14 May 2021

Dr Marina Joubert, science communication researcher at CREST, collaborated with the creative team at Lifeology to create a flashcard course about ‘the science of science communication’. She reflects on the process of creating this novel course in this blog, along with reflections from Lifeology co-founder Paige Jarreau and the artist who illustrated the course Jeff Pea.

Lifeology courses are presented as free illustrated flashcard lessons. Explore other topics in the online library.

The course written by Dr Joubert is situated in South Africa. It starts off with an engineer who is deeply concerned about the torching of 5G towers in KwaZulu-Natal – a situation that unfolded in South African in January 2021. He calls in the communication officer at his company. Together they debate the best way forward. The rationale for a novel approach to science communication, including advice from a social scientist, unfolds over the set of flashcards that make up this course. It includes further resources and reading materials on this topic.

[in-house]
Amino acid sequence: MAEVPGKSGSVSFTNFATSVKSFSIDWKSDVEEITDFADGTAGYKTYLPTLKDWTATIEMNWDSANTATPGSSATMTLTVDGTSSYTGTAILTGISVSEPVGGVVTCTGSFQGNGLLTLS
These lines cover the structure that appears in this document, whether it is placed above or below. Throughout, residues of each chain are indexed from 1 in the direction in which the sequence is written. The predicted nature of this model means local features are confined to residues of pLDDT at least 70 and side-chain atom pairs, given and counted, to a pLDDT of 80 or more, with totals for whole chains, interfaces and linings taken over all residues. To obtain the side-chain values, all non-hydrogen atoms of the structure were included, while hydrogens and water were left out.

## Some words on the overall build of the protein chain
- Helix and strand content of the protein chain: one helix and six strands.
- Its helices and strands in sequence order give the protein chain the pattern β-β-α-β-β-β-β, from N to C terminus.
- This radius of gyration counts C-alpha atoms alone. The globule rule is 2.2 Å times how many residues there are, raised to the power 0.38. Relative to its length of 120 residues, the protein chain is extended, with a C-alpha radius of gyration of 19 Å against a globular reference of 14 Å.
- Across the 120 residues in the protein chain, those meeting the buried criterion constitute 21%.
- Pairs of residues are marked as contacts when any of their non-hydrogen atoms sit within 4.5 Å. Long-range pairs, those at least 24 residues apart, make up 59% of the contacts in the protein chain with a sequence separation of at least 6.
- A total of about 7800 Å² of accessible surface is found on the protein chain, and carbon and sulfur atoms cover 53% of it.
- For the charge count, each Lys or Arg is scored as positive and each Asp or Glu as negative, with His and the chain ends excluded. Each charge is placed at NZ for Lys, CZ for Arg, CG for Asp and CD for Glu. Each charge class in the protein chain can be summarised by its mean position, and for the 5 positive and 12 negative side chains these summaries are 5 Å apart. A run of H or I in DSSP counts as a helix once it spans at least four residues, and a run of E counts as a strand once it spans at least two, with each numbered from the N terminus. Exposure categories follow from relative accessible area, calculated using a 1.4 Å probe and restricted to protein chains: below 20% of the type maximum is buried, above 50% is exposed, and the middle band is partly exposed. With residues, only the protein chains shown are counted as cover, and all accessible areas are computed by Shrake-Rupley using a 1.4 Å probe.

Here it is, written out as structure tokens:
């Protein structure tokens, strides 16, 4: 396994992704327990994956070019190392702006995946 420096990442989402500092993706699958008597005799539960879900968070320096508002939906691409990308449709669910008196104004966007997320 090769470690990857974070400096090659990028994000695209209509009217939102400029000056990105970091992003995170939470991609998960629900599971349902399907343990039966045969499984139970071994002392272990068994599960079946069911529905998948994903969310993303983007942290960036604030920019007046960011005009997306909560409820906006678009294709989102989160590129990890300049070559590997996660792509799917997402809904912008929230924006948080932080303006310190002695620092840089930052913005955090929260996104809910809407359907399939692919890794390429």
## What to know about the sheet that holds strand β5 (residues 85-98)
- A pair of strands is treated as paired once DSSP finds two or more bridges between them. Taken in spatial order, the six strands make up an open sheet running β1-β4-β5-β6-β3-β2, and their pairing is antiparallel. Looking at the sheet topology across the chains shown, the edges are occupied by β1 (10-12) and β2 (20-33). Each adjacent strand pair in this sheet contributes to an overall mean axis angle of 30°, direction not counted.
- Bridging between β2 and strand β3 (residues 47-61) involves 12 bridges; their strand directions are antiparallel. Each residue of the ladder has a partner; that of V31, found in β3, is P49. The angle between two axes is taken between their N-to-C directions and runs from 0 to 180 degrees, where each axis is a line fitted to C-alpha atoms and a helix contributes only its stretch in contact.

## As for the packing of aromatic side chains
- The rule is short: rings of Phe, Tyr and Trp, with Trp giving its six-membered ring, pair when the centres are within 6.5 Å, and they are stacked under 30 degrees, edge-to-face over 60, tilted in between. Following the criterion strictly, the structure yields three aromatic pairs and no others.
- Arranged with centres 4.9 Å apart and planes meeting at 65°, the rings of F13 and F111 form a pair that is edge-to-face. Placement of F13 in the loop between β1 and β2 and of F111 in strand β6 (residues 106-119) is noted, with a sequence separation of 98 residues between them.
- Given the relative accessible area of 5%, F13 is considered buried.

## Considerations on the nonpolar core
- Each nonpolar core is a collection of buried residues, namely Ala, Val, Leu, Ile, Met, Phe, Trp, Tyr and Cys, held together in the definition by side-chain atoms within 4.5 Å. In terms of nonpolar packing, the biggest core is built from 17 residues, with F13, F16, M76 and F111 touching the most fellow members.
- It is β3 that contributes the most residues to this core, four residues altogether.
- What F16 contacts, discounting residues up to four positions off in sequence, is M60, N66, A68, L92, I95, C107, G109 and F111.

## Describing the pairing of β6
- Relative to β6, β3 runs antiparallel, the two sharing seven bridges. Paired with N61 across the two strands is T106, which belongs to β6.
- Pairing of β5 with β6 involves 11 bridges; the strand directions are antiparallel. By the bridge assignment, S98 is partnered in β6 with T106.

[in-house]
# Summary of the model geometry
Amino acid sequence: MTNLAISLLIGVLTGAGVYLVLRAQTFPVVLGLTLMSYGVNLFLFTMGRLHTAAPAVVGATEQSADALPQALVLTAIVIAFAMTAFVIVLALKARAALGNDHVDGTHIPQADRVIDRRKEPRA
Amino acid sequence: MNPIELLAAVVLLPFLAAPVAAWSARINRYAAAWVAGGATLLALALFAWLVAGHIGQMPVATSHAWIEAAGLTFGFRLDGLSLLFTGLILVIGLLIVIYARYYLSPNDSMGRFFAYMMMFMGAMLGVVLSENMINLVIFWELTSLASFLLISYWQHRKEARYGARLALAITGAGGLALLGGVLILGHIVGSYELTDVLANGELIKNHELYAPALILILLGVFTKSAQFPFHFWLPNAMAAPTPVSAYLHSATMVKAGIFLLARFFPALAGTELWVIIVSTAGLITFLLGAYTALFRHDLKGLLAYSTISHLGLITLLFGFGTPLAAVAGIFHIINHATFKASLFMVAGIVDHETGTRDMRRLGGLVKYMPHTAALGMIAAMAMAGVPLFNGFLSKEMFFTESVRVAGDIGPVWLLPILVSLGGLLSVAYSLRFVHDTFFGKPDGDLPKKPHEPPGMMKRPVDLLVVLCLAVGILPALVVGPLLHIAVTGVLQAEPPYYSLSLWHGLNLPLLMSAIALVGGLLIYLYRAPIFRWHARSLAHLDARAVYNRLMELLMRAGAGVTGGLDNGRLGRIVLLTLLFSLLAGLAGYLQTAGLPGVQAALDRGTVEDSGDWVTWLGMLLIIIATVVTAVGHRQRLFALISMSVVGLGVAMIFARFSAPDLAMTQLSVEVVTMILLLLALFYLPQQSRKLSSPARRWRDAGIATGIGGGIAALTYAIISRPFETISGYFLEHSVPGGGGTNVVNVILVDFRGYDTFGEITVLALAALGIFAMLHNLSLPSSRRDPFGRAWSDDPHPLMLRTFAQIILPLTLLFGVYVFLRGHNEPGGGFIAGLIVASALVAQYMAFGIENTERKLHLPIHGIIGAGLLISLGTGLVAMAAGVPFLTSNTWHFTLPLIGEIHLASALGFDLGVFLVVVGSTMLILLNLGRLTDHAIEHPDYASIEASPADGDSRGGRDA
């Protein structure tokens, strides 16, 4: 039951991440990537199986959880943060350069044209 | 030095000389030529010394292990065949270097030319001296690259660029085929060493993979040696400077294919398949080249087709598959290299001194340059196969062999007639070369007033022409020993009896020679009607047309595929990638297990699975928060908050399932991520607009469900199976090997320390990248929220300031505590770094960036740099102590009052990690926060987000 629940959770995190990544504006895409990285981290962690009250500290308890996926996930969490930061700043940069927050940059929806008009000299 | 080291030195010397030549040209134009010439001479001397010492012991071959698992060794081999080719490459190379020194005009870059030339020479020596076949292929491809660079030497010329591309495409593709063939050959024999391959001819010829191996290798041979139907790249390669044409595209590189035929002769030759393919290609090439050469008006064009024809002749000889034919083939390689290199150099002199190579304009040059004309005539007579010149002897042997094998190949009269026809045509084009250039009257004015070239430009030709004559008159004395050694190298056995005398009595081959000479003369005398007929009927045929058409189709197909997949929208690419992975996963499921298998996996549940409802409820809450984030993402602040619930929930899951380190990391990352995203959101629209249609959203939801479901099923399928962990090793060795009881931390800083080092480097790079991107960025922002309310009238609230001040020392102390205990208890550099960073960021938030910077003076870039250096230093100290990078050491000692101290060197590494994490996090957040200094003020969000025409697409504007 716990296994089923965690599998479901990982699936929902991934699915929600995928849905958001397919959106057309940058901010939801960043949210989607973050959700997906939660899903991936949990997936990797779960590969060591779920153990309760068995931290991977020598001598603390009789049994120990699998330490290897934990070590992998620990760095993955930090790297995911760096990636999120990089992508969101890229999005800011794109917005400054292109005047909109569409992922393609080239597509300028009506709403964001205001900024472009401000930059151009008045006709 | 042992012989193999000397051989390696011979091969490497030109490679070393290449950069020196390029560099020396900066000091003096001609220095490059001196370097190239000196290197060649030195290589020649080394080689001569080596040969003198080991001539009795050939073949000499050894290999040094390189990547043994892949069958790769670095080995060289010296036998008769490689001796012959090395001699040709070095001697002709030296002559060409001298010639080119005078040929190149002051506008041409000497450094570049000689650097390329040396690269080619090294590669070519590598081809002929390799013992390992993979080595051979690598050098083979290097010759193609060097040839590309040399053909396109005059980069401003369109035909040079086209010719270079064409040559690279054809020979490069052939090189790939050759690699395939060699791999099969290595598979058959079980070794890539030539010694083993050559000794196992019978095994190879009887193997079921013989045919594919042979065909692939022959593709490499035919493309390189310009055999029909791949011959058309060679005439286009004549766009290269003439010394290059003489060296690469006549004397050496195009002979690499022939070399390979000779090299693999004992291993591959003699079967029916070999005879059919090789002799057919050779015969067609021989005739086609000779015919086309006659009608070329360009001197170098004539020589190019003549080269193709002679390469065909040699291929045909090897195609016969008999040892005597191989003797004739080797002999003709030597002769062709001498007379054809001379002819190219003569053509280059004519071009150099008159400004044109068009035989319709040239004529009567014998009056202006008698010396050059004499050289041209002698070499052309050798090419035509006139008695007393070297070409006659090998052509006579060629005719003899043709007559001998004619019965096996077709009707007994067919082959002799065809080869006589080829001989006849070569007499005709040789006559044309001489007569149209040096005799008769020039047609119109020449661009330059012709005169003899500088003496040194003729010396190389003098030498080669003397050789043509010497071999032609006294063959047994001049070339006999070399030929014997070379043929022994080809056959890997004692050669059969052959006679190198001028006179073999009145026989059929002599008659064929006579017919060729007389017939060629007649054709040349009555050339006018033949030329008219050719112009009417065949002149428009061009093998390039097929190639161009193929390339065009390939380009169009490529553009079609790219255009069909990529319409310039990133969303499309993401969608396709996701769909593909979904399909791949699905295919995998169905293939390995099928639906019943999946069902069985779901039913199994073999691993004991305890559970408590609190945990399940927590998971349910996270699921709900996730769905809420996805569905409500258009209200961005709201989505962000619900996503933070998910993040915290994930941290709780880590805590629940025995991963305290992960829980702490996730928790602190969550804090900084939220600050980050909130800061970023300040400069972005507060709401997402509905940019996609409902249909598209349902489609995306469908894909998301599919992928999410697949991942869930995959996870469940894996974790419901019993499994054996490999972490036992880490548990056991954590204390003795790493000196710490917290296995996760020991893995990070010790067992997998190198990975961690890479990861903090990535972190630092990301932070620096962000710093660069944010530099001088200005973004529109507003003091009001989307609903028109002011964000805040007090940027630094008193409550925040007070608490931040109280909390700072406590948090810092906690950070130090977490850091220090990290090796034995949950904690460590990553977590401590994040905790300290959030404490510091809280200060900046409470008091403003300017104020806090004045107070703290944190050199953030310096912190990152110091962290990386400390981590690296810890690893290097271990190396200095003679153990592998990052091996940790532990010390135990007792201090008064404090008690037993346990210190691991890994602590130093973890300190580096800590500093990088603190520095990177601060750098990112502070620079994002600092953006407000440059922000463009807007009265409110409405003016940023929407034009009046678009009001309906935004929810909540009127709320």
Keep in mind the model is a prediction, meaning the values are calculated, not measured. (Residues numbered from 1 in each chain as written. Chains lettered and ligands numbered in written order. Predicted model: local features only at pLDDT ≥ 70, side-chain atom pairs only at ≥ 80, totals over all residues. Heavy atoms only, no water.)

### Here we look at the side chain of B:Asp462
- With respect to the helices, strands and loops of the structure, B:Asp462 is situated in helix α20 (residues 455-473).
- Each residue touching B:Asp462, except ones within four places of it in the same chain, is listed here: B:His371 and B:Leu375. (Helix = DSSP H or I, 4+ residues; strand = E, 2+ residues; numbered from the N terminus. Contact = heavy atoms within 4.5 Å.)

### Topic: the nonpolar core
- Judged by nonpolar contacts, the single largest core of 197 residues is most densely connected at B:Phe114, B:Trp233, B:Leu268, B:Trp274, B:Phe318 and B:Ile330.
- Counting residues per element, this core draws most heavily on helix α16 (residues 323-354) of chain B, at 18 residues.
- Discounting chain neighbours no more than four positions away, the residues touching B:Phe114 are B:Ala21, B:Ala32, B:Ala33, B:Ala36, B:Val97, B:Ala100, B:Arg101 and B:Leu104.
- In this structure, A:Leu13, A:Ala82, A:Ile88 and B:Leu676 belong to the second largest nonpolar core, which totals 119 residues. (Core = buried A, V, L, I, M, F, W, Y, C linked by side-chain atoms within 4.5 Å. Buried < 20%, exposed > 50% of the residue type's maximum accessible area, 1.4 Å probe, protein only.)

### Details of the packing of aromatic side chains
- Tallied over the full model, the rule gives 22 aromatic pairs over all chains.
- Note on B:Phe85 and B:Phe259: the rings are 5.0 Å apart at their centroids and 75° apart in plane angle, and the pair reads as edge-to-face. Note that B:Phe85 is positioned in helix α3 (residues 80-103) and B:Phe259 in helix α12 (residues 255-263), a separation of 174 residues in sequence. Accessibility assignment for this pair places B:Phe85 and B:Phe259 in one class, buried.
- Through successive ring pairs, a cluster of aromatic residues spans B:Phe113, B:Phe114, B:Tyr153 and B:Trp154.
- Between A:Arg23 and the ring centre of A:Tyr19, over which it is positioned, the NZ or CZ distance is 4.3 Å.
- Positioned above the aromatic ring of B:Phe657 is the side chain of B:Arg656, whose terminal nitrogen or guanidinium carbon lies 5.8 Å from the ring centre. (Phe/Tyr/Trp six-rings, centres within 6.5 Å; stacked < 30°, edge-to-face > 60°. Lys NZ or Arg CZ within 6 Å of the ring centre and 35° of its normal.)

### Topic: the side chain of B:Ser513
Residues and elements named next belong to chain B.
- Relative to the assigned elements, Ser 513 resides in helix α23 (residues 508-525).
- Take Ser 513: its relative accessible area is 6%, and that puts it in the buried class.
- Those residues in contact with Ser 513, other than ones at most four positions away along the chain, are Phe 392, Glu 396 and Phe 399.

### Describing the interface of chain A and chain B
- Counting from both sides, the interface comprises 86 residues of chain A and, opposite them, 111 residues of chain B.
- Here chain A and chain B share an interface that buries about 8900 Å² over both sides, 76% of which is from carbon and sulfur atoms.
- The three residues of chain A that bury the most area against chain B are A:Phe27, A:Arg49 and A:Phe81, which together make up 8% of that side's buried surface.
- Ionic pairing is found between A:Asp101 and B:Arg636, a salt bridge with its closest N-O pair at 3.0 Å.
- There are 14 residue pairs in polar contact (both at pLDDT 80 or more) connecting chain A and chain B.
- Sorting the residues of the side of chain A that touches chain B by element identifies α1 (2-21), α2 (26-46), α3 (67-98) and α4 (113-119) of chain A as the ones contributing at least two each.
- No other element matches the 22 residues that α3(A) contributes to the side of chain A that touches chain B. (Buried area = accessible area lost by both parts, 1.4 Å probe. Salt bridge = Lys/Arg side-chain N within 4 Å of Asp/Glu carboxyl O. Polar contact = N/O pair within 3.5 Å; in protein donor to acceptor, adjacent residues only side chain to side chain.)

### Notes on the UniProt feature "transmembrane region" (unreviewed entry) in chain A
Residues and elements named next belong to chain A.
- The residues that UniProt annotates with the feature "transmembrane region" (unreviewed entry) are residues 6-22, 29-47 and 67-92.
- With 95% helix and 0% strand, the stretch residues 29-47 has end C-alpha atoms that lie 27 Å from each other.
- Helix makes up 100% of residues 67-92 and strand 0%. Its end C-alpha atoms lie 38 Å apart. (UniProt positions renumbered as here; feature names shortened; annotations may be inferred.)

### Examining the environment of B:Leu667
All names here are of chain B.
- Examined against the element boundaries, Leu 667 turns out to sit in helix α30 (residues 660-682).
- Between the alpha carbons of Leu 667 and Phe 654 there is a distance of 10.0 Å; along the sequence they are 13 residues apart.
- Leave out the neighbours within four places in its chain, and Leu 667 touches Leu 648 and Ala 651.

About the science of science communication

The ‘science of science communication’ refers to a new field of scholarship that focuses on current insights from psychology, sociology and behaviour science to help us understand how people respond to new information and form opinions about science.

The essence of ‘the science of science communication’ is that the communication of science should be based on evidence of what works. In other words, we can no longer afford to rely on our gut when we communicate science. We have to base our activities on proven strategies. Overall, this new field emphasises that facts are often not enough to convince or persuade people who are hesitant or concerned about emerging technologies. What is needed, in most cases, is respectful and meaningful dialogue that focuses on the needs and concerns of the affected publics.